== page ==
10 May, 2010

Bright Star

I read a lot of film and book blogs (don't look so shocked!), and every one that I read regularly was unanimous on one thing: Jane Campion was robbed at the Oscars this year, and so was her costume designer.

And now I agree too.

Bright Star (2009) was beautiful for both eyes and ears. The hats alone made me long to spend a week in England in 1818, which is an extremely rare feat as I am fond of both hot showers and central heating. Campion's use of cinematography to tell stories is unparalleled, and I may end up using clips of this film to explain why weather helps to tell stories. Rain may just be rain in the Real World, but in books and movies, my friends, it means one thing: sorrow. Sorrow so great that the world weeps even if the characters do not. And hang it all if I didn't weep right along with the very earth at the knowledge that John Keats is dead. Never mind that he's been deceased for nearly 200 years, and the only way he'd still be around is if he a) sparkled turned to dust in the sunlight or b) ate braaaains. Given the tenor of Keats's poetry, I'm going to say that if he had a choice, he'd have gone with option A. But back to the subject at hand.

I have to hand it to Campion here - she used many of the extant letters between the lovers as voiceover. Fanny Brawne was a slightly empty-headed girl who liked fashion and flirting until she met John Keats. I'm not sure how it exactly happened, but Campion orchestrated it so carefully that when the announcement of love came, it was like a breath of fresh air instead of a startling revelation. Of course, anyone with any historical knowledge of the Romantics whatsoever or maybe a passing understanding of drama knows what is coming.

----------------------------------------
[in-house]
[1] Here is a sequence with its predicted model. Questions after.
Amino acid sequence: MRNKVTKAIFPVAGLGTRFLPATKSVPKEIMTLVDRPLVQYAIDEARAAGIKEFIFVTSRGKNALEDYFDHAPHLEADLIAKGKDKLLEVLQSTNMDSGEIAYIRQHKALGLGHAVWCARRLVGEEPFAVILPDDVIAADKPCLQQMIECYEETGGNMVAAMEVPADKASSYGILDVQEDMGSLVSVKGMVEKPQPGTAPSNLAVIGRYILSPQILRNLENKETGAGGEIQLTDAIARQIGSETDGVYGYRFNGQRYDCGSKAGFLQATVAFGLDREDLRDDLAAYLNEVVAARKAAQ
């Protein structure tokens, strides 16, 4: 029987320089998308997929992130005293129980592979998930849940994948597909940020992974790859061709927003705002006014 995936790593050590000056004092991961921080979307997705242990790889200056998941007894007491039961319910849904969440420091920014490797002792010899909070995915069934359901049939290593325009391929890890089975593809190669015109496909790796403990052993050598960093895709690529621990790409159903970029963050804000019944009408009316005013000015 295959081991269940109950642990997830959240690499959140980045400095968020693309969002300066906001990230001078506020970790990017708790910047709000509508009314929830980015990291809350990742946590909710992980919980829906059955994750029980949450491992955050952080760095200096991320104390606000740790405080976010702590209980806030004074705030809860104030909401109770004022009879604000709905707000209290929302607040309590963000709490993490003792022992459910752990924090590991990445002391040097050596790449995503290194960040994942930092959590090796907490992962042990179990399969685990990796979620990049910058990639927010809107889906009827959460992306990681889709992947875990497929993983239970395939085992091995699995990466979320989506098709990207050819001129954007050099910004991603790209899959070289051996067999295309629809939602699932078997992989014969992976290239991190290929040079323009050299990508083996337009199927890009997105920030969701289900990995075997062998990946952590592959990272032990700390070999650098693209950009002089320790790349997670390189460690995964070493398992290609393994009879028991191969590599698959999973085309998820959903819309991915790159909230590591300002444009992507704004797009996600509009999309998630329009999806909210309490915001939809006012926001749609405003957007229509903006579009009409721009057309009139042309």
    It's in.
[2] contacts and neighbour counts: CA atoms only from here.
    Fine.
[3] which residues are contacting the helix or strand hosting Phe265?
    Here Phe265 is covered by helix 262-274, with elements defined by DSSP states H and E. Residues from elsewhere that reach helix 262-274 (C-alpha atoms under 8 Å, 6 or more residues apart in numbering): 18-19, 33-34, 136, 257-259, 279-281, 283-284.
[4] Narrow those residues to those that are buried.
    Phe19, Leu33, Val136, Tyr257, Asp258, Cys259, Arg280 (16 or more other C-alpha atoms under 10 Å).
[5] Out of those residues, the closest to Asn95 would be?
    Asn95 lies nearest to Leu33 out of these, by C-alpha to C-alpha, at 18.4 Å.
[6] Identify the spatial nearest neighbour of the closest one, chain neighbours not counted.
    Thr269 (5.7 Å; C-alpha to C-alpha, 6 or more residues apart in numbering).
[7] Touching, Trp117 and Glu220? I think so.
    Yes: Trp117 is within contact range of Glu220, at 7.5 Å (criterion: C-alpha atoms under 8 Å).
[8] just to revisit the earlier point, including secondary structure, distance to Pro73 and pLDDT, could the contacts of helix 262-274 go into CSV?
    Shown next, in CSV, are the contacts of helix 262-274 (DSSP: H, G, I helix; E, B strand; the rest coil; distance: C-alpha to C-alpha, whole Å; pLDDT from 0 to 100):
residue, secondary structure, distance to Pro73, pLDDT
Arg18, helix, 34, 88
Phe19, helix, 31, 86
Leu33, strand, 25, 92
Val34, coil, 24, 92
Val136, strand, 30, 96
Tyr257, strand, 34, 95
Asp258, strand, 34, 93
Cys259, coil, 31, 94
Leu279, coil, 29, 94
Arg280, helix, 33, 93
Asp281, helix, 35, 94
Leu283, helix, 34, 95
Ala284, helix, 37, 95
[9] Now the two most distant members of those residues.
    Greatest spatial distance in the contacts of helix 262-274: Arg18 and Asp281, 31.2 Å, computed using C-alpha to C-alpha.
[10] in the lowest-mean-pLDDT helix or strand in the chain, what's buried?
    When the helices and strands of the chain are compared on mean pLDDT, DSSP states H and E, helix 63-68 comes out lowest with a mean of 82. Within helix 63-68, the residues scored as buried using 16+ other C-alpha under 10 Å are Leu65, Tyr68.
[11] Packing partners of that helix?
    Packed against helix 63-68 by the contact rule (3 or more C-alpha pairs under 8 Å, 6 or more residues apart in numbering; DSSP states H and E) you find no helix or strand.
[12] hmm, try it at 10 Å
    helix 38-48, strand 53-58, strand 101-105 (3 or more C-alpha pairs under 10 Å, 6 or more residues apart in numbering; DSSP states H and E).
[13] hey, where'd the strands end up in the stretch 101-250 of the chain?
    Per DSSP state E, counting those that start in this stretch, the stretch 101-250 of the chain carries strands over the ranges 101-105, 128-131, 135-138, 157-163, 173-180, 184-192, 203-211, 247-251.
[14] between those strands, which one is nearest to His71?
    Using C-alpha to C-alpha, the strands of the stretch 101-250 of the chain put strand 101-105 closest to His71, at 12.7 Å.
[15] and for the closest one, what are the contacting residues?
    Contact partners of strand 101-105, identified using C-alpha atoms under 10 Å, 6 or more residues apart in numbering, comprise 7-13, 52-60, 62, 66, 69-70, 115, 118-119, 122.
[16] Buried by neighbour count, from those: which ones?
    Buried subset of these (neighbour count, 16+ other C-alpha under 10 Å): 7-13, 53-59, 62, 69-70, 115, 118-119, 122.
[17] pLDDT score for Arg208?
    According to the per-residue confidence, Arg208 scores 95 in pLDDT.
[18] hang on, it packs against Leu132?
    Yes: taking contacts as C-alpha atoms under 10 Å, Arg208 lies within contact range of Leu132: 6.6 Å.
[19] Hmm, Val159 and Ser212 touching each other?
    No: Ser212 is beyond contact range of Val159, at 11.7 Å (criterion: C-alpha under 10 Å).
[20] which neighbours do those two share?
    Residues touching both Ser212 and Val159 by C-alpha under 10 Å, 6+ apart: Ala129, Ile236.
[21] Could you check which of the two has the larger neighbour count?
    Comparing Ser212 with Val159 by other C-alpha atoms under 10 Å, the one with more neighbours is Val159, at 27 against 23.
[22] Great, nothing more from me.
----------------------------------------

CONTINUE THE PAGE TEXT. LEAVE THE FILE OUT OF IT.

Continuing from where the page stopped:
As doomed lovers and dead poets go, Keats is a fantastic poster boy. He was penniless and therefore could not marry the woman he loved. His poetry was decried as ridiculous and infantile; he died thinking his poetry was reviled and would fade into nothingness. He died of consumption, far away from the woman he loved. After his death, she wandered the heath of England quoting his poetry, never removing his ring.


And yet, there were bright points. The lovers were adorable, the banter was clever, and the whole film was carefully created to show the time in which it was set. You may know by now that I like period pieces. This one was lovely, and I'd recommend it as a bittersweet picture of the love between Fanny and John. I liked very much that Campion kept the story about Fanny instead of leaving her as a side character. She came alive as an advocate for her love and as a multifaceted woman. She also had an aDORable little sister whom I wanted to cuddle.

One of my favorite things about this movie, though, was the cat, Topper. He has the loudest, most cheerful purr ever caught on film, and it made me happy that it wasn't edited out.

Should you be wondering if you know Keats's work, let me soothe your worries. You have only to finish the following phrase:

"A thing of beauty is _________."

As Fanny herself said, the beginning of Endymion is perfection itself.

9.5 yellows.

1 comment:

  1. ahhh, I watched this about a month ago and was just swept away. Soooo beautiful--both visually and narratively. The way her costumes matched the fields of flowers. OMG. What I particularly loved about the film was that it made the Romantics *new*. It wasn't some sort of meta-commentary on the period that assumed that we all knew what to think of Keats and his peers (which is what I find fault with in a lot of Austen stuff--it's like meta-commentary on Austen and her era, but that is another rant) but let things unfold and take us with them. So beautiful. I'd watch it again but am not sure I have enough kleenex in the house.